ditch farming 1Ku Ta Pu, which means ditch farming, is a new farming method practicing by local people in Mu Traw District, Karen State. This method was discovered and introduced in 2012.

Ku Ta Pu involves digging ditches in the land that are a foot deep, 20 feet long and 1.5 feet wide. In the ditches, the villagers grow their rice plants.

Other crops can be grown along the ditch as well. The villagers tested this method in 2012, and discovered that it works well and can produce adequate food for them in the future, although the rice production was not very high in the first year, because the top layer of the soil have been removed to make the ditch, meaning that the soil in the ditch was new and did not contain an adequate amount of organic matter.

This farming style will help villagers farm in only one place, meaning they do not need to clear different patches of forest for rotational farming anymore. In a rotational farming system, the farm is usually on the hillside. During rainy season, the organic matter in the soil is usually washed away by rain water. Therefore, farmers can’t grow plants for in the same farm for two years in a row. They have to find or clear another area for the next season, and repeat the process until the first farm becomes fertile and ready for farming again.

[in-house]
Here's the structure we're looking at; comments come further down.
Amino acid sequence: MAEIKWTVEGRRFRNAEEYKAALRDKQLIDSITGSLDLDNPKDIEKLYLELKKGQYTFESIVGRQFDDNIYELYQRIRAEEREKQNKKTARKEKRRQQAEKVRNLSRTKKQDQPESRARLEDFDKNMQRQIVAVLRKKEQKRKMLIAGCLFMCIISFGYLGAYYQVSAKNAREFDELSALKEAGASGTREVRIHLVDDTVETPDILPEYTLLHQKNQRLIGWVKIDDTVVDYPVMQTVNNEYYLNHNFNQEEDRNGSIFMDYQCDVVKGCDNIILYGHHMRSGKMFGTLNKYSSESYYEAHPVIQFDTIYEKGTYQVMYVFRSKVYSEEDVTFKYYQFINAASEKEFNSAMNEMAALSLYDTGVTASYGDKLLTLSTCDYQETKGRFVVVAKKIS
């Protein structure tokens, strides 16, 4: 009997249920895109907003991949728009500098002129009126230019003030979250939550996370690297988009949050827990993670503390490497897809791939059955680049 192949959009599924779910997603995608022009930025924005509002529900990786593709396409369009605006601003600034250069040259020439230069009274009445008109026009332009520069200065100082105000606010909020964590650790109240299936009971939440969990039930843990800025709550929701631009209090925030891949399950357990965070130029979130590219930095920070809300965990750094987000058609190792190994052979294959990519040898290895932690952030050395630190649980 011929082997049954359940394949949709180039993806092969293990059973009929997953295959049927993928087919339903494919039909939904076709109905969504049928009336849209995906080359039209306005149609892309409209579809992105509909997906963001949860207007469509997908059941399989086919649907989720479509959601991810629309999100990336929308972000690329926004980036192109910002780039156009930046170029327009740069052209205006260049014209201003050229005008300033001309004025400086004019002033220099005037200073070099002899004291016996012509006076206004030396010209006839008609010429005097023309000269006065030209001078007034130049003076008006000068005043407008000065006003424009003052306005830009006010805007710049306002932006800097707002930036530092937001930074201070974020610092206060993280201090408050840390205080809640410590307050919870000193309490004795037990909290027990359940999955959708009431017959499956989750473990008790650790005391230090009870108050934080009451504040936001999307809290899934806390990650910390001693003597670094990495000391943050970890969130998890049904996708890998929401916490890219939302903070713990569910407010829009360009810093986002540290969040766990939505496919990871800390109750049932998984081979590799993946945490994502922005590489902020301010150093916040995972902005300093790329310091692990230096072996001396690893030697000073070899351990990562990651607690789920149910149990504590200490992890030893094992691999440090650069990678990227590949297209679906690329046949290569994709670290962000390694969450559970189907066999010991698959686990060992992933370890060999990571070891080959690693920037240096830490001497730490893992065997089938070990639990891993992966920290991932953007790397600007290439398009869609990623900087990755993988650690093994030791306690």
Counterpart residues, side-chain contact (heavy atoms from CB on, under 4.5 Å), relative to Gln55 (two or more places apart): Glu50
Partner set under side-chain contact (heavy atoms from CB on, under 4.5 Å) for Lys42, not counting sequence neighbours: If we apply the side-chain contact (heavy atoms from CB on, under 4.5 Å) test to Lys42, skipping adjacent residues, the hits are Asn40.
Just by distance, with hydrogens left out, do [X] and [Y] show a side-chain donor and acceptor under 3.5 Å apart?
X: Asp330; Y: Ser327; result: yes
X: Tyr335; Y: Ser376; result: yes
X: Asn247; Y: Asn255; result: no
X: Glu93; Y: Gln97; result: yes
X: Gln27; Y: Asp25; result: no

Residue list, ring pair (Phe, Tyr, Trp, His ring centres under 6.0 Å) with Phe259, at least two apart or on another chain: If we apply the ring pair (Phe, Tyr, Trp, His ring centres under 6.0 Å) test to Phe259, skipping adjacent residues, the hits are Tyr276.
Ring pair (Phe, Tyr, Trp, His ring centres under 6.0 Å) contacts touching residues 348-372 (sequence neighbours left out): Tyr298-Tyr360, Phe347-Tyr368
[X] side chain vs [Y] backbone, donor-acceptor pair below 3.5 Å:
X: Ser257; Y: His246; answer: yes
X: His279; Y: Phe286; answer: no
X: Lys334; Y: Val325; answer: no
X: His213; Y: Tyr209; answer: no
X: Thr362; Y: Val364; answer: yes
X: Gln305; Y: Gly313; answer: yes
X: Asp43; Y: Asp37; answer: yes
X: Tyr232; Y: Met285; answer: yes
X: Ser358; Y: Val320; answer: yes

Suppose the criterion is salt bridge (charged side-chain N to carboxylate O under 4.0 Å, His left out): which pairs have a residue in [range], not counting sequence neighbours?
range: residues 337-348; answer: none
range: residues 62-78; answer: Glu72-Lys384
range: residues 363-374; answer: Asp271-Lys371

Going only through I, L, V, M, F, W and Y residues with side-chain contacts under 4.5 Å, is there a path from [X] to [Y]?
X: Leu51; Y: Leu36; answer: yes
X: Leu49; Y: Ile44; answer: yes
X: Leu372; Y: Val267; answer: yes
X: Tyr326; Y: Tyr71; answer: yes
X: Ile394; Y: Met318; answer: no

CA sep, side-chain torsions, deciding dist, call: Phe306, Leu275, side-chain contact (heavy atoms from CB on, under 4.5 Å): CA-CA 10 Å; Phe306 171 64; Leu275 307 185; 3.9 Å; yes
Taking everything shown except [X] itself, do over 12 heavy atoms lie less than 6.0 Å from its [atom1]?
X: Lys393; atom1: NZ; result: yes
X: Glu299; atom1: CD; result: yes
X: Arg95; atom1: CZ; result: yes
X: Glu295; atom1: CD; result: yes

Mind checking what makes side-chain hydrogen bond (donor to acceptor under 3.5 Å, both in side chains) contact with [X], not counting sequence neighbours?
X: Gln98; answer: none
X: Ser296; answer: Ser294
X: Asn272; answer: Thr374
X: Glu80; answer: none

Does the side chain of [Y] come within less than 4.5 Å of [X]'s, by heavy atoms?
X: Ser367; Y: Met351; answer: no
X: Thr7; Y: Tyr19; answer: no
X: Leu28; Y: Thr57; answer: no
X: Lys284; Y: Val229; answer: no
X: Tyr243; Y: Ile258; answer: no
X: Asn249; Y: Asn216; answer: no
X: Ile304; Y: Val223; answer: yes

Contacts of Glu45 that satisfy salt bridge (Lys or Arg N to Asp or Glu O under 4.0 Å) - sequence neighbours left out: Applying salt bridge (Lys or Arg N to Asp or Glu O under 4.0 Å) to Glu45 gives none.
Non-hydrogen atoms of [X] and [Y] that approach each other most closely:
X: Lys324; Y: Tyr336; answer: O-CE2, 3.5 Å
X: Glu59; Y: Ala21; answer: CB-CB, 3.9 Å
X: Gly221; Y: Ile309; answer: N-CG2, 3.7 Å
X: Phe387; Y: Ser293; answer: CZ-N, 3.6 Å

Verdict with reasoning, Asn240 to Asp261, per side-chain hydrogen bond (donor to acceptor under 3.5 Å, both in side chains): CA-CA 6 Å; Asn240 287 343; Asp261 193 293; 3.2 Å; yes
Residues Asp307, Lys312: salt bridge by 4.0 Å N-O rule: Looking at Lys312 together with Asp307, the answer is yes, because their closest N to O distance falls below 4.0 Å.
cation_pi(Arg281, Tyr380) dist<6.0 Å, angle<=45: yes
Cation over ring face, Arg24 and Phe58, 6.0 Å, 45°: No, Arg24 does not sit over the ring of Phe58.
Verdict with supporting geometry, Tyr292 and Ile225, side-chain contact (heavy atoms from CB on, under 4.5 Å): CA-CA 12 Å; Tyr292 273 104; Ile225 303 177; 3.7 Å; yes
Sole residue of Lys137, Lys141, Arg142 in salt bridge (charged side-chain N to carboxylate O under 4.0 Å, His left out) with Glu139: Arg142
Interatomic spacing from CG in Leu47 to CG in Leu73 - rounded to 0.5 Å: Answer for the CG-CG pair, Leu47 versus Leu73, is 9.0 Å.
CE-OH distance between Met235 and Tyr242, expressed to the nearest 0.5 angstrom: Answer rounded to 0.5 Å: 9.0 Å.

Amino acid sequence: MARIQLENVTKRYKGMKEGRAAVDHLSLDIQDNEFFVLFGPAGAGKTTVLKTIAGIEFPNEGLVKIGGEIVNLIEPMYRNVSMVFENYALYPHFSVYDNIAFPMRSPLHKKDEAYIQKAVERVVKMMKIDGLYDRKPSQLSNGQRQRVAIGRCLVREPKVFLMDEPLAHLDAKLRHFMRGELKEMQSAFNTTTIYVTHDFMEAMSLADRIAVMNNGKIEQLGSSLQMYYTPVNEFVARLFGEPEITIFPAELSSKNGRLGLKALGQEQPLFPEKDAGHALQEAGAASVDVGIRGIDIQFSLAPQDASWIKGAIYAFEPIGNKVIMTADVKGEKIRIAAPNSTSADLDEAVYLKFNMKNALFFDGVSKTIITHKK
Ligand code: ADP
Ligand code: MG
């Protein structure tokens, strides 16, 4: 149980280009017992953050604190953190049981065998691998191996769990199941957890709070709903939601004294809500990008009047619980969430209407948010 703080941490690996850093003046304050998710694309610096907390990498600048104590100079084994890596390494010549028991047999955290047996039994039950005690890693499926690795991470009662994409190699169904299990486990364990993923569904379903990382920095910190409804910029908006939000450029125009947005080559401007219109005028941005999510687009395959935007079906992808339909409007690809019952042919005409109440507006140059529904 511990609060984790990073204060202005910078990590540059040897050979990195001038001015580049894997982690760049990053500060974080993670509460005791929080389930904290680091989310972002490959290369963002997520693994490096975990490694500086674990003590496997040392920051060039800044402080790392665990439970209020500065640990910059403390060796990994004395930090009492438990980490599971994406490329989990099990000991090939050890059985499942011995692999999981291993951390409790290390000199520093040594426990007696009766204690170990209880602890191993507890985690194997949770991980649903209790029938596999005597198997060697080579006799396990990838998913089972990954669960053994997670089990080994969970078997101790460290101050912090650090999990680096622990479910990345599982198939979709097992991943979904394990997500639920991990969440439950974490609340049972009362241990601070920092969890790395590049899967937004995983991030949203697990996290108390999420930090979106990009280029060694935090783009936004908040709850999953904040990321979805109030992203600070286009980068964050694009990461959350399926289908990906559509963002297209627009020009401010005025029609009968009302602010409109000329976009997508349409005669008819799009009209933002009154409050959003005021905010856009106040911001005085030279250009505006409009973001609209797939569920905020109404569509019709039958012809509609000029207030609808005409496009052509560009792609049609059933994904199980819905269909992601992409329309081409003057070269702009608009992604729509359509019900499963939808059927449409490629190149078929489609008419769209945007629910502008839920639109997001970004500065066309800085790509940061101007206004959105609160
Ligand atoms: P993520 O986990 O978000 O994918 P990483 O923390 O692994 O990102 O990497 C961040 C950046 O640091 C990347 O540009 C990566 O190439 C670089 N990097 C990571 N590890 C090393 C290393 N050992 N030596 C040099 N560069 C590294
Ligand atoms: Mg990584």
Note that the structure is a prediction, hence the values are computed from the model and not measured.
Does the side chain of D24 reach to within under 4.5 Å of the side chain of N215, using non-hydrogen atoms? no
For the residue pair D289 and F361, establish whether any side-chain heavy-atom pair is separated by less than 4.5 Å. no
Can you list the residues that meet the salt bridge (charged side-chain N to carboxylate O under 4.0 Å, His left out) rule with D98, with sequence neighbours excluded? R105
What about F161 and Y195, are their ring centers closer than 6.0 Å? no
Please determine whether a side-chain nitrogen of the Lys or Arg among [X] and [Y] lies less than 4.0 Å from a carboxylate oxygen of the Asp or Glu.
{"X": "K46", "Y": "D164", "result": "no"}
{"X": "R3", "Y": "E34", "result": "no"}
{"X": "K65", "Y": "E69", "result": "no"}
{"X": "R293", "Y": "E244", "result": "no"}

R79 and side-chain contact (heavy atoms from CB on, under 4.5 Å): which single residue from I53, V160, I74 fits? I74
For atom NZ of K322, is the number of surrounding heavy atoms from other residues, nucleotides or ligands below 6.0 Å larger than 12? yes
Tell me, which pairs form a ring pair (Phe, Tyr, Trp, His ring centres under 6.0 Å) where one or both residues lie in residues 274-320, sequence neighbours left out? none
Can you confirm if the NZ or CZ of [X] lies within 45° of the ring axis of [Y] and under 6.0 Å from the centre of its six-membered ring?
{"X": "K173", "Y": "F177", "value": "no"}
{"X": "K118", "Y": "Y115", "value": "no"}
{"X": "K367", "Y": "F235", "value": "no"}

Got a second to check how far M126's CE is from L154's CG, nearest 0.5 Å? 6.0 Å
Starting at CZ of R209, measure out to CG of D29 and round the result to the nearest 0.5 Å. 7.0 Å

However, with this new farming method, the ditch will stop organic matter from washing away because of the rain. When the rain comes, the organic matter will not run off with the rain water, but remain in the ditch. Therefore, the farm will never lose its fertility, and it can be used year after year.

Every year, because of the changes in the climate and the loss of forests, villagers find it difficult to maintain their livelihoods, especially livelihoods based on agriculture. This new farming method is adapted to the current situation, and therefore could be the best choice for villagers.